Assuming that a pie is 9 inches in diameter, it would take 97,812,000 Pecan pies to circle the earth!
Every Pecan pie uses 1/2 lb- 3/4 lb of Pecans. It takes about 310 pecans halves to fill a one-pound bag. So there are about 78 pecans used in every pecan pie!
Pecans are the only tree nut that is truly native to the United States.
Georgia leads the nation in Pecan production. Georgia has been the top Pecan producing state in the nation since the late 1800s.
Georgia pecans complement and enhance almost any food type. They add texture, depth and nutritional value to recipes.
Pecans are one of the largest fruit-bearing trees. One irrigated, managed acre of Pecan trees will produce about 1,000 pounds of Pecans.
Pecans can be frozen and refrozen for at least two years without loss of flavor or texture.
Over 500 varieties of Pecans exist today. Over 1,000 cultivars have been released over the history of pecan culture. Only 3 are common and all 3 are available Georgia orchards.
Pecans are one of America's favorite nuts and are a good source of oleic acid, Vitamin B1 - Thiamin, magnesium, protein, and fiber.
Pecans can help lower total blood cholesterol and combat heart disease. Pecans are believed to be helpful in fighting some cancers.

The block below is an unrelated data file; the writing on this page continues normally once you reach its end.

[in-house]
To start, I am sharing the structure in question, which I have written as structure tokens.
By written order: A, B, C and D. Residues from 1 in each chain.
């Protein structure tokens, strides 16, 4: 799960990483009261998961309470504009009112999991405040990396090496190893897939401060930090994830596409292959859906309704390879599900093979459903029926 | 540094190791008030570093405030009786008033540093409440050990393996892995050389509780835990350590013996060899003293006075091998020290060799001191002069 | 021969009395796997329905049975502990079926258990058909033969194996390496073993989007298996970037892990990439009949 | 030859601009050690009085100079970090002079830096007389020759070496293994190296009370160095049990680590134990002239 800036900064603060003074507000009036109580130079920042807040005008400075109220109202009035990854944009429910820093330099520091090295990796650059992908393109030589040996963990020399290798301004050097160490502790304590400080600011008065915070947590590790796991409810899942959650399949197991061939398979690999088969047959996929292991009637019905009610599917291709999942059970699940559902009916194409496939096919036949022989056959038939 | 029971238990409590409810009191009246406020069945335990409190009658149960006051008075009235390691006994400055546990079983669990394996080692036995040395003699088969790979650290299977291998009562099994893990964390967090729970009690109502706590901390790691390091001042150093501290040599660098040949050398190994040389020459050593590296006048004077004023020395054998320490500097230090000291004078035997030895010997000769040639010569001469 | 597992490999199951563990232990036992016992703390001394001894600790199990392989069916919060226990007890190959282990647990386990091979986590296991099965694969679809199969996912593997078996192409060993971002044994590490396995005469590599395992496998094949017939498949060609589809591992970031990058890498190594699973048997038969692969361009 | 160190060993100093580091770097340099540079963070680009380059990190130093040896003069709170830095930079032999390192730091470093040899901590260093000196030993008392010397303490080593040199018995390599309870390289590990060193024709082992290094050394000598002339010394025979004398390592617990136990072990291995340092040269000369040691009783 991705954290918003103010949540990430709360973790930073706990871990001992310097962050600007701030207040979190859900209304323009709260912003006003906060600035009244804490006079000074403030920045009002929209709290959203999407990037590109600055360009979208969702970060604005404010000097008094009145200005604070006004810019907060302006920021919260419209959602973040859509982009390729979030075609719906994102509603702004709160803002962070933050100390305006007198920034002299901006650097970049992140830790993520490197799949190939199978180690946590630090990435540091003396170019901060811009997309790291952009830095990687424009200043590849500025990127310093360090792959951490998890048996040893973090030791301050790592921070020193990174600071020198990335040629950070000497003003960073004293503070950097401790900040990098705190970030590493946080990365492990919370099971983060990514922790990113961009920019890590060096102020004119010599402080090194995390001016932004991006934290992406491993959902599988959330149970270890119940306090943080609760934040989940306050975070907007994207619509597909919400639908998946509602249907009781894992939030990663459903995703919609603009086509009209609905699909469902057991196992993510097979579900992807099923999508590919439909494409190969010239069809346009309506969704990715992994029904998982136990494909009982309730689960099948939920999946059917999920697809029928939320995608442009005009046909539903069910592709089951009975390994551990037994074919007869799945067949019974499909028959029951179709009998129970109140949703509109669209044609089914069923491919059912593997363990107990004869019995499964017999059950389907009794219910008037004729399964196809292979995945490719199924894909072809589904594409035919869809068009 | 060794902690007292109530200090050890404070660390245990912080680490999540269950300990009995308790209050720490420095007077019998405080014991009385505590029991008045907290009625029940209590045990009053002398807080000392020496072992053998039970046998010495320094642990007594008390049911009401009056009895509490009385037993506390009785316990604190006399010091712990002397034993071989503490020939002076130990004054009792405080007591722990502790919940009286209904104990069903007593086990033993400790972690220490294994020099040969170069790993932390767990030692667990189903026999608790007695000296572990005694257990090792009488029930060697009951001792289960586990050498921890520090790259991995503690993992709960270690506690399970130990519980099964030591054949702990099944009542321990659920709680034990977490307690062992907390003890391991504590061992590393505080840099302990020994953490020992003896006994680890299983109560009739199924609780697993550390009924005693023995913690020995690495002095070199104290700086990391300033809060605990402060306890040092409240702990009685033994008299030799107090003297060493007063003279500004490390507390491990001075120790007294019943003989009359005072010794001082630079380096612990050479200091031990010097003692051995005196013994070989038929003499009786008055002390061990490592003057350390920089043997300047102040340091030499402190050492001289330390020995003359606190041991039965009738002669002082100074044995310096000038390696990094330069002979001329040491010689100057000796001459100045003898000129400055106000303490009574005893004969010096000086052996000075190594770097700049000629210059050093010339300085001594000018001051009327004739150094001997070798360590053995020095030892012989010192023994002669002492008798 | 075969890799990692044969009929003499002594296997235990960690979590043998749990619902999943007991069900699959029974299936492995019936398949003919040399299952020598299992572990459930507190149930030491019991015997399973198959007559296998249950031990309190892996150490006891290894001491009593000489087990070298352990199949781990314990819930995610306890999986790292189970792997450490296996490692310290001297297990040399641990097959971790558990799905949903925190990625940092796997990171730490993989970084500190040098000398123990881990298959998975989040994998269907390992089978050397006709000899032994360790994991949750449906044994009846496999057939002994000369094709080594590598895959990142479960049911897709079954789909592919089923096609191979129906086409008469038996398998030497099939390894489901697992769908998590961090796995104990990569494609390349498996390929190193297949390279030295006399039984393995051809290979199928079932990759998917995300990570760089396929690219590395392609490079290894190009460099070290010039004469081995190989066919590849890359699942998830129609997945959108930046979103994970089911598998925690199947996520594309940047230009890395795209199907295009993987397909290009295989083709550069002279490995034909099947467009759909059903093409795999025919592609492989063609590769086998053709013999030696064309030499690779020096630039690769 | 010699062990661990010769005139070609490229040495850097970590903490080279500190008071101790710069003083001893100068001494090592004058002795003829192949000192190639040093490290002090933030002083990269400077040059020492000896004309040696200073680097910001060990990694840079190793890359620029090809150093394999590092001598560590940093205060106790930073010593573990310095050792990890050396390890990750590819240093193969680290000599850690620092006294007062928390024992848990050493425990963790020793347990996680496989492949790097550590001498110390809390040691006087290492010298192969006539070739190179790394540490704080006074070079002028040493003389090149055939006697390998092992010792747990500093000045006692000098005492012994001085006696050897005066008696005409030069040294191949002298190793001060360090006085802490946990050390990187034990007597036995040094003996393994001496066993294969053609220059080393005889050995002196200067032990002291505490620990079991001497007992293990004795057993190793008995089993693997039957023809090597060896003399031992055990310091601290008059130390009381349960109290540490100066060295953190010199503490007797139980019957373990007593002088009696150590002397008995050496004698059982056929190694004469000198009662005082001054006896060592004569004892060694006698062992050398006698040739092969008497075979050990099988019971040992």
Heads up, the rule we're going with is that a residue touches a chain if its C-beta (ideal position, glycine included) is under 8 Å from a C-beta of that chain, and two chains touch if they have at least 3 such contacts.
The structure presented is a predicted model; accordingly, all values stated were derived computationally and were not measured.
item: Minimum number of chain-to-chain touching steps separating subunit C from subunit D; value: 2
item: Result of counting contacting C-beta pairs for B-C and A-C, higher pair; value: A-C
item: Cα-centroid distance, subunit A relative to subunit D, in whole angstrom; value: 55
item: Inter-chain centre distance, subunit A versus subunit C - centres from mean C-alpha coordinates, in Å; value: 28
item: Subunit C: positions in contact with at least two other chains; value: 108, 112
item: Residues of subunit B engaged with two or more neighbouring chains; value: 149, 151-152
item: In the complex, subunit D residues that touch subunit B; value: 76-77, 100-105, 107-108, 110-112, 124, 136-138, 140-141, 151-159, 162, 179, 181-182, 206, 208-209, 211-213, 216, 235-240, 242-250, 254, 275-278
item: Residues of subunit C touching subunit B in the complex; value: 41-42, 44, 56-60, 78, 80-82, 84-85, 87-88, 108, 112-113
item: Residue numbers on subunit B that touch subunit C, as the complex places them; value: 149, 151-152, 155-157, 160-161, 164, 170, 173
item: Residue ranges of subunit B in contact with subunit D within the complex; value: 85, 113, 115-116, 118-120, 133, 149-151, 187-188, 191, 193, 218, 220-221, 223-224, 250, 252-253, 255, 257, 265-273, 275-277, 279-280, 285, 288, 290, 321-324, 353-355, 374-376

According to the Iowa Women's Health Study in 1993 women were 60% less likely to have heart trouble if they ate nuts more than twice a week.
In 1992, Loma Linda University in California found that people who ate nuts at least 5 times a week had about half the rate of heart disease as people who never ate nuts.
According to research funded by the International Nut Council, Washington, D.C. - Nuts have been proven to be effective for diabetics, especially those placed on low-fat diets.
The fiber in pecans and other nuts is mostly insoluble which has been linked to reduced cholesterol levels and shown to be helpful in warding off colon cancer.
According to Frank Sacks of Harvard Medical School, Pecans contain phytochemicals which make them protective against cancers of the colon, stomach and rectum.
Georgia Pecans are a terrific way to add quality and variety to all types of foods.
Nuts are a part of most universally accepted balanced diets, such as the "Mediterranean Diet," which includes fish, poultry, vegetables, fresh and dried fruit, nuts, grains, olives and olive oil.
America's President, food connoisseur and gardener, Thomas Jefferson, was very taken by the flavor of pecans and had trees imported from Louisiana for his Monticello orchards.
In 1995, Georgia pecan wood was selected by the Atlanta Committee to make the handles of the torches for the 1996 Olympic Games. The torches were carried in the 15,000-mile U.S.A. relay and in the lighting of the Olympic flame in Atlanta on July 19, 1996.
Georgia Pecan Commission